Turning Diesel Into
Turning Diesel Into
It takes one brand to reach this point, and clearly Mazda has proven it right with the latest Mazda6 Skyactiv-D. Being equipped with all of the necessary bells and whistles, we've decided to take it out for a nice long drive to experience what one of the best saloon in its class has to offer.
words by KEEGAN DORAI
...the unmistakable hum of a diesel-powered vehicle that somehow pulls right in front of you while you’re having your break after lunch, emitting that metallic-like smell that gets you annoyed, and somehow spewing a little puff of black smoke as it chugs off after backing close to you.
I mean, that’s diesel motoring for you, and it’s equally as dreadful as the way your parents describe a particular test car you brought back which sounds like a locomotive. Apart from resonating like one, you neighbour might think you’re a downright maniac for trading in your old but refined petrol-powered car in for something sounding so awful during coldstart. Unfortunately, this is one mentality that will foresee a long road of endless convincing for acceptance in our society.
However, Mazda is here to challenge the rest by doing what other manufacturers aren’t doing yet — like selling you a diesel. Well, not all of them though cause you can buy your next BMW with a diesel engine, or even a Peugeot in similar fashion.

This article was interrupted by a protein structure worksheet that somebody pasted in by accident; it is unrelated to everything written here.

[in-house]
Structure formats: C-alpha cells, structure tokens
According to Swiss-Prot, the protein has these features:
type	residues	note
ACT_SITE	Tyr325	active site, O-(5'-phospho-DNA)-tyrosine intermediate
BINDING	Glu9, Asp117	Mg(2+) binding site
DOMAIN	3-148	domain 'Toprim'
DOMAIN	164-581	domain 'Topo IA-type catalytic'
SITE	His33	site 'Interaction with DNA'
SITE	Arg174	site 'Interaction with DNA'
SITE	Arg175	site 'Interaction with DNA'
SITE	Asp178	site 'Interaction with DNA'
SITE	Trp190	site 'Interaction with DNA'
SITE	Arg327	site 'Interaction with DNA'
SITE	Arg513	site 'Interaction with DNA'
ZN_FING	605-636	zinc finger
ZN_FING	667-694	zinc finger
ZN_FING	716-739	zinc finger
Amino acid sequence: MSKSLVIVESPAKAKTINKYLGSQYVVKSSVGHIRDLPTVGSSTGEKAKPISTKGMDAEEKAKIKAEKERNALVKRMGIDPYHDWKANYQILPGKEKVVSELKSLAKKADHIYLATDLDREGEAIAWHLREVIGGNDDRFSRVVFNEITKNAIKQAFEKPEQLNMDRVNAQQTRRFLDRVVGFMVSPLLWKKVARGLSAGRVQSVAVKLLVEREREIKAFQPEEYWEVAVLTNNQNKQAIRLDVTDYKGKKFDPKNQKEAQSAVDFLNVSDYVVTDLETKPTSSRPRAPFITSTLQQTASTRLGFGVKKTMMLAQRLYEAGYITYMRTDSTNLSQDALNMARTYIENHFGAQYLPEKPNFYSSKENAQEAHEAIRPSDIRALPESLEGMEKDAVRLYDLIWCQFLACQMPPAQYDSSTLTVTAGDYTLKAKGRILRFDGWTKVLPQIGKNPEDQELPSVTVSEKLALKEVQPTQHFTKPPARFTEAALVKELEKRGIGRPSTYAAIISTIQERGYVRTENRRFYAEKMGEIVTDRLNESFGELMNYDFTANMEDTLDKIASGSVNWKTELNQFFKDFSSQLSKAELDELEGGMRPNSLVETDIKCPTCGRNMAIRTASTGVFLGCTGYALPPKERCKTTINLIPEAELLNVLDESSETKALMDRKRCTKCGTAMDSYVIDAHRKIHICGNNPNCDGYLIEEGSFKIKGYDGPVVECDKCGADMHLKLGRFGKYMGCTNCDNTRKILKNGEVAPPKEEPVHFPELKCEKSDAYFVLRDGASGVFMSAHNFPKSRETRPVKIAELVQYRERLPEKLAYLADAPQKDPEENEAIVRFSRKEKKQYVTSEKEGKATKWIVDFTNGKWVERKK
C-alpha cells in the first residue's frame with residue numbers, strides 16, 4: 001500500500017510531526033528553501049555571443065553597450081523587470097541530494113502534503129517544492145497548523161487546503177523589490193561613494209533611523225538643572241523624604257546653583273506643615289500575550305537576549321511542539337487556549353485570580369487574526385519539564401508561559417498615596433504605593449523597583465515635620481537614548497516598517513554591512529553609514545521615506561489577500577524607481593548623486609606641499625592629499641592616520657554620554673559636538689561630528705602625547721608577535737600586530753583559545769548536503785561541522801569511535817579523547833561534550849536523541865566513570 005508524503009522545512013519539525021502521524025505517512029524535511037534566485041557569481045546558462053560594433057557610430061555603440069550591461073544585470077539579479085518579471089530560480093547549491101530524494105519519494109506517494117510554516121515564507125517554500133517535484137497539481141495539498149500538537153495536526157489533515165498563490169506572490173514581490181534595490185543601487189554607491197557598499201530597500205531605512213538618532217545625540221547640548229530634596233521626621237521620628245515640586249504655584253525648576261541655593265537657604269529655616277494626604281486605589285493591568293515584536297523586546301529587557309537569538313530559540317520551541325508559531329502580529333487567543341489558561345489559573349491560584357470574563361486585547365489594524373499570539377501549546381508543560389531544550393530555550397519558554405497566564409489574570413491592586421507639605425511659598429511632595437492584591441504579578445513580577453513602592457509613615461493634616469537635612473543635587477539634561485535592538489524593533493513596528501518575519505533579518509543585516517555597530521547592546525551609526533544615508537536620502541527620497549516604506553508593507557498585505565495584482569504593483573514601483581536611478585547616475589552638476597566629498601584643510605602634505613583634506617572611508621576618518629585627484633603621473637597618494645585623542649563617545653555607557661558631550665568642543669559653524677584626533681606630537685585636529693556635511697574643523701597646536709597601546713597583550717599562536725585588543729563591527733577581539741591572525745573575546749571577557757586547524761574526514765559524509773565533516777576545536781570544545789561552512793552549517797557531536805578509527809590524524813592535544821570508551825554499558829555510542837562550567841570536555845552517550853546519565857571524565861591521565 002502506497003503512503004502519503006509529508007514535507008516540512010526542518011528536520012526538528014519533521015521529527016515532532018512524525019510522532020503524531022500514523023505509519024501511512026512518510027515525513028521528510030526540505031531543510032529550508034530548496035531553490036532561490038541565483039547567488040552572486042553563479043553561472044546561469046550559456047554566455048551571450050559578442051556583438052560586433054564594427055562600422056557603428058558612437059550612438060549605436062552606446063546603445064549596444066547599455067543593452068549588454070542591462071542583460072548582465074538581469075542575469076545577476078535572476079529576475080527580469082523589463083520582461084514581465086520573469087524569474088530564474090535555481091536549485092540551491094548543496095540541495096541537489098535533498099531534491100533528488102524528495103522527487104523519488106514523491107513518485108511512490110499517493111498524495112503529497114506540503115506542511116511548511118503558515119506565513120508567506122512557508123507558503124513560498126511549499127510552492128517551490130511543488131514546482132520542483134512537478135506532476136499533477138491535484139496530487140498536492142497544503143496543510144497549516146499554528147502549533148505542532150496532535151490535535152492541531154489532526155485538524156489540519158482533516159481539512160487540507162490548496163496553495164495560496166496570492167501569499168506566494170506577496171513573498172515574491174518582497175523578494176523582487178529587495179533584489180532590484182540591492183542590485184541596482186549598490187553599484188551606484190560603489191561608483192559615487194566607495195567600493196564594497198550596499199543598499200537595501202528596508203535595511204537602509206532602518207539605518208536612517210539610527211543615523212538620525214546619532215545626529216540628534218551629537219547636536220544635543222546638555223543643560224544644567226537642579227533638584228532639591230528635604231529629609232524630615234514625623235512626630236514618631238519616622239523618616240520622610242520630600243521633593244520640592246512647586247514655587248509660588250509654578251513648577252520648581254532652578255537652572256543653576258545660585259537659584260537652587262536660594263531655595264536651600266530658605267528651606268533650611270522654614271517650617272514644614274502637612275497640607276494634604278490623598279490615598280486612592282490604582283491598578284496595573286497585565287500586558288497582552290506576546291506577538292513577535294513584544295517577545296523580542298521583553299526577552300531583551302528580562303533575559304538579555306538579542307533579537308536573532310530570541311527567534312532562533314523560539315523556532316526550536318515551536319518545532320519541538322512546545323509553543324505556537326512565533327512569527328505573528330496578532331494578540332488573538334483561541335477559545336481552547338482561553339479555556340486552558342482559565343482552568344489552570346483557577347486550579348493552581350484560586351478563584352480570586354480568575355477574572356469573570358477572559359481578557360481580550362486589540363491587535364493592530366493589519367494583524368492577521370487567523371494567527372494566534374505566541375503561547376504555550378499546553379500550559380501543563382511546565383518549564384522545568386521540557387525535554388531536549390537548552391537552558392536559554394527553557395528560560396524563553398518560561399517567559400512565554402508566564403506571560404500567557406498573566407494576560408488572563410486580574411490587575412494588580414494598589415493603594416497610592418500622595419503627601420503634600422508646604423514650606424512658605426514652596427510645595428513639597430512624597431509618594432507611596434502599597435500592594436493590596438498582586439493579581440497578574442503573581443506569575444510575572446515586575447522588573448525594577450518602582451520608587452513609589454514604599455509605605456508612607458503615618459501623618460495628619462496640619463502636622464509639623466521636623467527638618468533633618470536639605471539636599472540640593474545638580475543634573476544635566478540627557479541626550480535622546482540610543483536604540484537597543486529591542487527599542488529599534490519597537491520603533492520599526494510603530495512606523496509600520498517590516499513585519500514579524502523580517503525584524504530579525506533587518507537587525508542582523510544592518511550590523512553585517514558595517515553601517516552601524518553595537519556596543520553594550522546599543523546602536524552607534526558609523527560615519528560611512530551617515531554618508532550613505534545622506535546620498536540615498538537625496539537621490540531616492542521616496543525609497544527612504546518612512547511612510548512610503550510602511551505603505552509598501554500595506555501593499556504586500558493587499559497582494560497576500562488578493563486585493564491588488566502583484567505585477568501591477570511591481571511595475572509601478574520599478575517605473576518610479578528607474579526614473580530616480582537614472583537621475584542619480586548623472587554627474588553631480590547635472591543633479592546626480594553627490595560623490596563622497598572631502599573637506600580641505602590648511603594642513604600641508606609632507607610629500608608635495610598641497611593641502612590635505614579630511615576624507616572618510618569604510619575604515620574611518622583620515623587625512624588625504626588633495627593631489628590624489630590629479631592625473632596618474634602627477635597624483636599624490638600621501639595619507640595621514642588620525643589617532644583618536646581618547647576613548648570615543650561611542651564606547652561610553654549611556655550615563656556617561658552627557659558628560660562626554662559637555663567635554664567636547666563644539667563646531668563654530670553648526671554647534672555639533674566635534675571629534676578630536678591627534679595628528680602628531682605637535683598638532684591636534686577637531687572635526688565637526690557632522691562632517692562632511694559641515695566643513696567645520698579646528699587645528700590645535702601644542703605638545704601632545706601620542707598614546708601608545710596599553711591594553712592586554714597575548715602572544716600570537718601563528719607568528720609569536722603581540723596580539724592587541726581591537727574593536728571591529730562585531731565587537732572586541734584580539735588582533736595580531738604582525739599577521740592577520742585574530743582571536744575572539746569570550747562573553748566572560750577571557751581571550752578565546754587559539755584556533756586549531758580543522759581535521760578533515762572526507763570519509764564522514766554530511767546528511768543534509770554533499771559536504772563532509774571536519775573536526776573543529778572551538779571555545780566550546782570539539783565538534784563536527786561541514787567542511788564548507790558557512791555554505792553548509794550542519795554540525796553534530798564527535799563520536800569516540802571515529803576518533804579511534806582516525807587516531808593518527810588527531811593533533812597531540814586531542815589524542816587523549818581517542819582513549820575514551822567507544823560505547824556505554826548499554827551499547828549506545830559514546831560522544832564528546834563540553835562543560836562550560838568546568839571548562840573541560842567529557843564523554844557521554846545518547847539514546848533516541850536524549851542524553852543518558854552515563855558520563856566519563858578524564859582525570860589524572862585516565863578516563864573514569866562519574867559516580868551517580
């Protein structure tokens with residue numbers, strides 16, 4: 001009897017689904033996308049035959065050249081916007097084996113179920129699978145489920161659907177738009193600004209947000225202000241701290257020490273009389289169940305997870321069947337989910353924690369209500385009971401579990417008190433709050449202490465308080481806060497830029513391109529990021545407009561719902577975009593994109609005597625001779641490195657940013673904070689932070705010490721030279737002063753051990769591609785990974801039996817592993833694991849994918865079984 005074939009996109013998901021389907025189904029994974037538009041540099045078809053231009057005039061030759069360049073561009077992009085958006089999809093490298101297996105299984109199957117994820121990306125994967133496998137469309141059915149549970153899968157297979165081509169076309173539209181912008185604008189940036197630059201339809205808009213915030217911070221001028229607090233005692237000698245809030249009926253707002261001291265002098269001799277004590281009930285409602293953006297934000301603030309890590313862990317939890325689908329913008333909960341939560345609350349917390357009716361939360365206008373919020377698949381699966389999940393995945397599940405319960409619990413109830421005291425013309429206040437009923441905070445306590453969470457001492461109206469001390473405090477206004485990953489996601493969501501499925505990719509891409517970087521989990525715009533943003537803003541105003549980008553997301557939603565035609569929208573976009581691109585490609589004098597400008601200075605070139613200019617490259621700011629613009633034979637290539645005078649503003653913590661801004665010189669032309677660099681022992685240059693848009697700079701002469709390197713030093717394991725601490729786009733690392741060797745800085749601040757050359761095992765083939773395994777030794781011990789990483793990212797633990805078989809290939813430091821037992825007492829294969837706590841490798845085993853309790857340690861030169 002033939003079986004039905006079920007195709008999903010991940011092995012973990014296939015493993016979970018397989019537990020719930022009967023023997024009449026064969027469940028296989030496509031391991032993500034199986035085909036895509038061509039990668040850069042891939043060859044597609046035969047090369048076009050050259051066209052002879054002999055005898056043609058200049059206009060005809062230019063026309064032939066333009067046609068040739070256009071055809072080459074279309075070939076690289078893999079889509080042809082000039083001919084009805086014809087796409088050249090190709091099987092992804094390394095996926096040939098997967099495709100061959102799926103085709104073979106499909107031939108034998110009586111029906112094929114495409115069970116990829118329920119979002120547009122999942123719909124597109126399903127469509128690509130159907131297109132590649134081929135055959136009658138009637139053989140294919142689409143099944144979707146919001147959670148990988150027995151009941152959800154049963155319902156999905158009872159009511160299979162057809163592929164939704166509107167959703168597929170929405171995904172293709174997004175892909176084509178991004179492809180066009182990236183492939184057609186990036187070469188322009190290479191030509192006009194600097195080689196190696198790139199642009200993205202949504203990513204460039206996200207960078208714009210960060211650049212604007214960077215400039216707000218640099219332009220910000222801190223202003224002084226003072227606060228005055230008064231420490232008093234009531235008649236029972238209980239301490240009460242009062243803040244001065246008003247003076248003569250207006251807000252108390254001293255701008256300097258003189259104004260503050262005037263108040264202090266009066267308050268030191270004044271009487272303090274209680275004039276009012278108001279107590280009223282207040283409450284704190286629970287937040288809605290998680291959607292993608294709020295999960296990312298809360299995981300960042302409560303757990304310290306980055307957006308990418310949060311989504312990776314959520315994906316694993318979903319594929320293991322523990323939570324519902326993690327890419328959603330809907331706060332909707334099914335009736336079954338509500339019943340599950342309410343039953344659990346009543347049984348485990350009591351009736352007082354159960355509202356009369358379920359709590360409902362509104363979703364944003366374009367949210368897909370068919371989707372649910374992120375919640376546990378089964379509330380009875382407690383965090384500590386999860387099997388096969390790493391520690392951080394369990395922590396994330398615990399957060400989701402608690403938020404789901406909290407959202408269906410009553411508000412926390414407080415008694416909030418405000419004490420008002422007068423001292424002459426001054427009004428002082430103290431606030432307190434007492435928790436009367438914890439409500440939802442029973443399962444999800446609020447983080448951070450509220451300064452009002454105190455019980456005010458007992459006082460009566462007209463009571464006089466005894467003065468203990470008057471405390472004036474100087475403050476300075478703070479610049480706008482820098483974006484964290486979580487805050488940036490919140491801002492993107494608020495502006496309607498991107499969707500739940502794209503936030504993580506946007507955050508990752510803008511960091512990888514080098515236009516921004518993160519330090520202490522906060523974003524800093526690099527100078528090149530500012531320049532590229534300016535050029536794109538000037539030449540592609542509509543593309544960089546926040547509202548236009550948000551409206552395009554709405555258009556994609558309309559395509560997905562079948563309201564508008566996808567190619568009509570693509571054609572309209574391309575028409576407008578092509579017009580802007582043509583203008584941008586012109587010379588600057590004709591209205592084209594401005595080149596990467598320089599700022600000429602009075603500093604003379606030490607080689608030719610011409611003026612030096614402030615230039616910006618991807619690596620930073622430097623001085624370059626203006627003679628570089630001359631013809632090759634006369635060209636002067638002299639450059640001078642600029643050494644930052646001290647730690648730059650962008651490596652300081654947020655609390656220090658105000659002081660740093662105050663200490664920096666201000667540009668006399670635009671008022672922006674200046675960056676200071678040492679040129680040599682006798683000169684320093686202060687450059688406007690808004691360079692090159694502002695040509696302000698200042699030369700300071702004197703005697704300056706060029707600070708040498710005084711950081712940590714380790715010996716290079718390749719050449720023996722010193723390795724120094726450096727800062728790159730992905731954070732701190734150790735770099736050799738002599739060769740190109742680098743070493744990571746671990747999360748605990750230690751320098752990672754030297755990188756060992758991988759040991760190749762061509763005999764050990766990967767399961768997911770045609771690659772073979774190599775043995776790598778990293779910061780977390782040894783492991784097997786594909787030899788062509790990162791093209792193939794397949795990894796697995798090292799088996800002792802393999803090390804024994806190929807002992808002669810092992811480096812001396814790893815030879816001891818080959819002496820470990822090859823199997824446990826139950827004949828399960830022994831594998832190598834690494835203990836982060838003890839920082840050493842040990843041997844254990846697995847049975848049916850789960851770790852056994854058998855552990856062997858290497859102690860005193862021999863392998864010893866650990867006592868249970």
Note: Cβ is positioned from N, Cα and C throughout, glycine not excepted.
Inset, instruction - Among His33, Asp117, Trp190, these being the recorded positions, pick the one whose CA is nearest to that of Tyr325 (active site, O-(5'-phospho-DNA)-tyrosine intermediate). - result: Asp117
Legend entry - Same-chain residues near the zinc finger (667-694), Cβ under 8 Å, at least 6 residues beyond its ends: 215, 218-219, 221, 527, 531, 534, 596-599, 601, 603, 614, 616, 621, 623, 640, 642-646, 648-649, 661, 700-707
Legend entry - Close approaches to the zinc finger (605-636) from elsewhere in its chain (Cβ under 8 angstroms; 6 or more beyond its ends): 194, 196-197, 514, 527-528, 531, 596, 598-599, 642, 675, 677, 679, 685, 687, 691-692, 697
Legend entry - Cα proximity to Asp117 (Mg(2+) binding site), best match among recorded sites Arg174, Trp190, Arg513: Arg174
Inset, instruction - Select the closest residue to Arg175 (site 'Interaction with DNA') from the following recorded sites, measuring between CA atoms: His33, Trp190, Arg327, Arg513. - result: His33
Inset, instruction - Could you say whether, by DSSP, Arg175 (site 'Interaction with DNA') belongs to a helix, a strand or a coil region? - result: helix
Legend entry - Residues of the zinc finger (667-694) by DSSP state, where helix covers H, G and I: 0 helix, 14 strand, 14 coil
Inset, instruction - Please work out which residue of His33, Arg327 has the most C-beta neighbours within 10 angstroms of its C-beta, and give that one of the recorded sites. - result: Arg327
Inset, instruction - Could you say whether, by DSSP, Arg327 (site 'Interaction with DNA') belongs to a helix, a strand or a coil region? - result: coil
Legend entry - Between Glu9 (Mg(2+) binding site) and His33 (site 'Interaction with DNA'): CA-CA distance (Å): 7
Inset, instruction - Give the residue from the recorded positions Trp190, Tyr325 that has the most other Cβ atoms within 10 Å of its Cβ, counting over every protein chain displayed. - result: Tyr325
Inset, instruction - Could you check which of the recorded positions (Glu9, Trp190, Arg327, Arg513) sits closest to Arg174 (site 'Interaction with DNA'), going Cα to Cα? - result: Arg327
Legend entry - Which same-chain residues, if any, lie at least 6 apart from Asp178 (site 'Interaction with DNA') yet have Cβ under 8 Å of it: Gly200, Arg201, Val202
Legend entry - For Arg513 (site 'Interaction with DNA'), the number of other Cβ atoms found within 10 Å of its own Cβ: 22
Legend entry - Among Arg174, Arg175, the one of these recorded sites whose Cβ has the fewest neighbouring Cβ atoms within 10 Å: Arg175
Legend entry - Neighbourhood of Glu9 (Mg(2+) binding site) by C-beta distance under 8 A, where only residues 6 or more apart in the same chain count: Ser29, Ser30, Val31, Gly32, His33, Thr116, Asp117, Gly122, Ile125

Still, the petrol derivates are proving better sales results that their very own oil-burning cousins can’t even dream of achieving. Could this be a waste of exercise? I don’t think so, but I would like to congratulate Mazda for being bold by doing so to spur up our automotive market.
More choices are warm-heartedly welcomed, and in our current economy climate, it makes extremely good sense to buy a diesel. I mean, do you really want to blow a quarter of your pay check by driving a guzzler which returns you a pathetic 300km in range with one full-tank of petrol? This is why automakers are tapping into this sector by being gallant to fulfil the needs of those in search for something a little bit wallet-friendly.
A sensible man would buy a diesel if he loves munching up miles on the highway. Well you can’t exactly blame him because like me, buying a house in a strategic location these days might cause you more than a liver and a limb, leaving most of us average blokes resorting to the outskirts, which is easily 50km away from your office. The worst bit however, is to face that seriously terrible morning rush — where you get stuck behind another car trapped on the Federal Highway and seeing your fuel ticking to empty.
This fast-forwarded me to the new Mazda6 Skyactiv-D. The sole engine that has been garnering them lots of market response in Europe, and the boffins locally at Mazda would like to know whether we Malaysians would appreciate something that sips a little less fuel than your old petrol-powered workhorse.
Exteriorly, the 6 looks absolutely brilliant. Given that cars with a sleek and swooping-line laden exterior, the perception is often pointed at it will age quickly than normal evergreen designs. However, this won’t be the case — it still looks the part and feels like new despite being on the market for a couple of years now.